As Subway Horrors Continue, Adams Must Push Hochul To Act on Crime
When Mayor Eric Adams was running for his office, he promised to cut subway crime. Now the subways are more dangerous than they’ve been in a quarter-century, as yet another commuter joins the ranks of those “randomly” killed. Adams had better step up his game — and stop giving Gov. Kathy Hochul a pass for making his job more difficult.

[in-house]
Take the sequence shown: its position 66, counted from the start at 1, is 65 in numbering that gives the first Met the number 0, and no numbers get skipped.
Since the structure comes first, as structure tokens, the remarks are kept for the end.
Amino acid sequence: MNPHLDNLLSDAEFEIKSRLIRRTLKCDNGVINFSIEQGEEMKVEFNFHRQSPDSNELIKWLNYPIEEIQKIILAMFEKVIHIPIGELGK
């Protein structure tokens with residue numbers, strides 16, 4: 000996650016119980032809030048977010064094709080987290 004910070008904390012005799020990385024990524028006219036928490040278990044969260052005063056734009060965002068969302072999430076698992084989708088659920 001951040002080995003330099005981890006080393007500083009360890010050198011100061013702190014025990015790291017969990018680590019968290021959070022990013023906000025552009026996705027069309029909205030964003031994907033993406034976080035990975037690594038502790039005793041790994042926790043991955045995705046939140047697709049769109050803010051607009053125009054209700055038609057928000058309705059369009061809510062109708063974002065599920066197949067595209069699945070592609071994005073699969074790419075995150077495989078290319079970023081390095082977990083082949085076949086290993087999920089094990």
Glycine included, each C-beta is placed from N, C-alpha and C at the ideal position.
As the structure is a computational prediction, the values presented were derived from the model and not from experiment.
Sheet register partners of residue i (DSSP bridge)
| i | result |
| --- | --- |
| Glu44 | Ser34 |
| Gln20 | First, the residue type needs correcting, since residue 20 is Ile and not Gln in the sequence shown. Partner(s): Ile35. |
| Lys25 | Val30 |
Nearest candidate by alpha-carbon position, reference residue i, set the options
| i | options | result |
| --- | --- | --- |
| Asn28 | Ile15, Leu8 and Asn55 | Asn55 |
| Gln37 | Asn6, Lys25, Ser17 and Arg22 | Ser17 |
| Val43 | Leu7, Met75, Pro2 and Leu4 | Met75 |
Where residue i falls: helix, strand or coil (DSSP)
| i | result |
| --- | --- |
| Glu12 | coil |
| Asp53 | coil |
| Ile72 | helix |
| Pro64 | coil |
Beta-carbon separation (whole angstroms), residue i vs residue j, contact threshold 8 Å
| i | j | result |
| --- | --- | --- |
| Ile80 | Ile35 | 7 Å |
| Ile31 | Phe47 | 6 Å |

Add Tommy Bailey, 43, a steamfitter father of two, to the growing toll of people murdered on the subway since March 2020. Bailey was commuting home on the L train in Brooklyn at the perilous hour of 8:45 p.m. Friday when a stranger slashed his throat. He bled out on the platform.
Bailey follows five other subway-killing victims this year: Ethan Reyes in Harlem in July, Daniel Enriquez in Brooklyn in May, Marcus Bethea in Queens in April and, in January, Michelle Go in Manhattan and Roland Hueston in The Bronx.
This piece originally appeared in New York Post